This is not about trying to disintermediate the relationship between artists and labels at all. It is just saying to artists that we will compensate them for bringing us users and for the more users they bring us they will make more money directly on that; but they will also build a bigger subscriber base who are more likely to listen to their music on Rdio, which means they will be paid more from the streams that are happening on the service. So it’s a win/win for everybody.

The official launch hasn’t happened yet and we are hoping to get it out there officially with a big announcement in the coming months.

There was an argument that if acts get, say, $10 from selling a sub to fans, that’s more money than they’d make from streaming for the rest of the year. 
When we get to levels of scale, with each service getting to 5m or 10m subs, the artists will see real returns when we get to that level of scale. This is a programme to help us get there.

How does windowing work? Acts like Adele and Coldplay kept albums off streaming services, partly to protect CD and download sales. Do they see streaming as the poor relation here?
By and large we are getting content day and date [i.e. on the same day the physical and download versions are released]. There are exceptions and it’s hard for us to control that as we don’t have direct relationships with artists – but the goal is that, as we grow, there is going to be less incidents of that happening as artists are going to want to have their stuff on streaming services on day and date. That is because they will believe, I hope, that as we get to scale the revenues are going to be there for them.

What about acts pulling catalogue? 
Record companies certainly believe in streaming. They wouldn’t be licensing all these different services if they didn’t think this is where the business is going. For artists it’s a matter of time. There are big exceptions, but by and large, we have 18m tracks. That’s a hell of a lot of tracks and most of the stuff you want to listen to is there. I admit there are some big bands I’d like to see on Rdio but the exceptions are few and far between.

Is there a direct correlation between anti-piracy measures, or the threat of them, and uptake of subscription services? 
I don’t have a lot of data to back that up as it’s all anecdotal, but in my mind with a service like ours you are making it easier to consume music in a very simple and compelling way. I’d sound naïve if I said piracy was going to go away altogether. It’s still around and there is still a segment of the population that doesn’t want to pay for music but as we make it easier and better and more compelling to subscribe to services like ours, more and more people will move in that direction.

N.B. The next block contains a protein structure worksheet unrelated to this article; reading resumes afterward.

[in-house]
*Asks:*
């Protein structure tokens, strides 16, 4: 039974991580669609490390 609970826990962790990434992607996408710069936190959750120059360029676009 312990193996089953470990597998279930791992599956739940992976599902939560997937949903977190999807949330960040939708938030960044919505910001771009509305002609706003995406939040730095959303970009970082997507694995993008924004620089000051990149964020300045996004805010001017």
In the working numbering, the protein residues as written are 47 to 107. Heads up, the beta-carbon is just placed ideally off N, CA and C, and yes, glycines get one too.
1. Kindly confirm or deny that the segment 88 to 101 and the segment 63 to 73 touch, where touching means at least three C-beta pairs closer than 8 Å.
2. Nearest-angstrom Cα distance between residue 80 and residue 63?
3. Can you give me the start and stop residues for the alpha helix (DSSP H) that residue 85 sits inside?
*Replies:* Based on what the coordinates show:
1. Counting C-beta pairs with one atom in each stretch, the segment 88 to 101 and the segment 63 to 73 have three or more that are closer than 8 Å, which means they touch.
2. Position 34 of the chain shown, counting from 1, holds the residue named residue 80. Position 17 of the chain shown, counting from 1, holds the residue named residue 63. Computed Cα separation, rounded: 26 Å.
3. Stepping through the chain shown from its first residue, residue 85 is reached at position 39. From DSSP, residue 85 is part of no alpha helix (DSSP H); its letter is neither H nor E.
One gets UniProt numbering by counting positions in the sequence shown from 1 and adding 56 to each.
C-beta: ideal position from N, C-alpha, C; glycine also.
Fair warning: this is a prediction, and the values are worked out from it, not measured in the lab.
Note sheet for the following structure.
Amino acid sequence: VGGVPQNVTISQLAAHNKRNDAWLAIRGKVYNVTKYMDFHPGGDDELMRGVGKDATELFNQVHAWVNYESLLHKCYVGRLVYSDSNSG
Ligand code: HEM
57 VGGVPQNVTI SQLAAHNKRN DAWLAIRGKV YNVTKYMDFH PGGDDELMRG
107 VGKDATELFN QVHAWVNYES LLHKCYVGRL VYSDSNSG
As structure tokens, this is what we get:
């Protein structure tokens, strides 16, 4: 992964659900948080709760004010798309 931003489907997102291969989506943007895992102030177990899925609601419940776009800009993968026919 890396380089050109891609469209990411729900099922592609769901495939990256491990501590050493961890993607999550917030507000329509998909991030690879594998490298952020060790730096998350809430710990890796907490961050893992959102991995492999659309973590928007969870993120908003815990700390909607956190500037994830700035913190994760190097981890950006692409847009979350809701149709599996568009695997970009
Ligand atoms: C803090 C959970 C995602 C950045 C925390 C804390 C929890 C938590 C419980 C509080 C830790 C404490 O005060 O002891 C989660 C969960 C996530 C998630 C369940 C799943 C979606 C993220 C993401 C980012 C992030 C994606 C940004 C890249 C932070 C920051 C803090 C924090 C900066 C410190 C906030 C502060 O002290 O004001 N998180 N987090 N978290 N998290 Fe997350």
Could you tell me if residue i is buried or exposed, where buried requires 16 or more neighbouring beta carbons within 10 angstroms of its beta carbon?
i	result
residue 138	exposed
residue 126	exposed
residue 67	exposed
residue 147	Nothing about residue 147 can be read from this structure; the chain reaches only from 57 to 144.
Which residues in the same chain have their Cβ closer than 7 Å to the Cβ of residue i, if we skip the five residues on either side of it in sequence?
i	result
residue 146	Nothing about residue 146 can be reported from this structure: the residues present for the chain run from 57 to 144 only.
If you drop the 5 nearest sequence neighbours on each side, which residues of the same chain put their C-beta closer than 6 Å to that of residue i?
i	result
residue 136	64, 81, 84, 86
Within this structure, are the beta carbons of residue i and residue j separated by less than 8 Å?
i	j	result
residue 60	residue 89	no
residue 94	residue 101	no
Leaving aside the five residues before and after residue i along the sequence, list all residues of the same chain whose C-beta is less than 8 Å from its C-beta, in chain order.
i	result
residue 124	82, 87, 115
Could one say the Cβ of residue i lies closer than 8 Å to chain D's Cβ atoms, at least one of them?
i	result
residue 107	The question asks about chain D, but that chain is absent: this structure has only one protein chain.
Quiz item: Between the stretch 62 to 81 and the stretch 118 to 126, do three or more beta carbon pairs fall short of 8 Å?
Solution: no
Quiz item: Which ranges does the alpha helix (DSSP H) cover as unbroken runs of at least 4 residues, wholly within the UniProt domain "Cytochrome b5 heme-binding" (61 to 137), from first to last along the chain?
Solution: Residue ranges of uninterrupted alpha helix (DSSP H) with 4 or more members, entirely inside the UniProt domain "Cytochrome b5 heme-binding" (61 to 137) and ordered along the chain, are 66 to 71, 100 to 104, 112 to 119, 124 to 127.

What role will bundled subs have here – like Cricket and Muve Music in the US and Orange and Deezer in the UK and France? 
It will continue to have a big role. We have a partnership with Oi in Brazil, one of the big carriers there and we are working on a bundled deal with them. We are looking at ISP bundles here [the US] as well as overseas. One of the things we’ve done that is pretty interesting is our partnership with DMG Radio in Australia. They wanted to marry an existing broadcast platform with a digital streaming service like ours. As much as people criticise radio and say it’s heading the way of the dinosaur, it’s still a huge medium for people to discover music. To be able to marry what we are doing with what they are doing is really interesting and we are looking to replicate that in other territories around the world.

If Apple moves into streaming, is it game over for you and everyone else?
They certainly could. They are the market leaders in digital music without question. While Apple is a behemoth – the mostly highly valued company of all time – it’s not the be all and end all. A lot of people can’t afford Apple devices or choose other devices. But the one thing I would say is that Apple simply using the word ‘cloud’ is to us, and I know this sounds counterintuitive, a help because it gets people used to the notion of cloud-based access. That’s where we want people to move to anyway. Apple is obviously still wedded to ownership and the sale of devices with large storage – that is their bread and butter. But they have made a step in that direction with iCloud and iTunes Match. You can’t ignore it.

What do the next 12 months hold?
More territorial releases. By the middle of next year we hope to be in 20-25 territories. The next thing we are focused on is a big marketing push. We haven’t done any brand marketing over the two years we have been live. We have done a lot of digital marketing, but not a coordinated marketing effort. We are now putting a lot of resources behind doing a big push in the US in Q4 and then having a similar marketing push in the UK and Europe in Q1 and Q2 of next year. From an awareness standpoint I think it’s going to dramatically change how many people know about Rdio.

Why was there no marketing before? 
It was figuring out where we wanted to be. We lead with our product and we have expended most of our resources on building what I believe to be the best product in the market. We continue to lead with that. We wanted a large enough footprint where the dollars we were going to spend would be spread out over a large enough number of territories to get the bang for the buck that we wanted.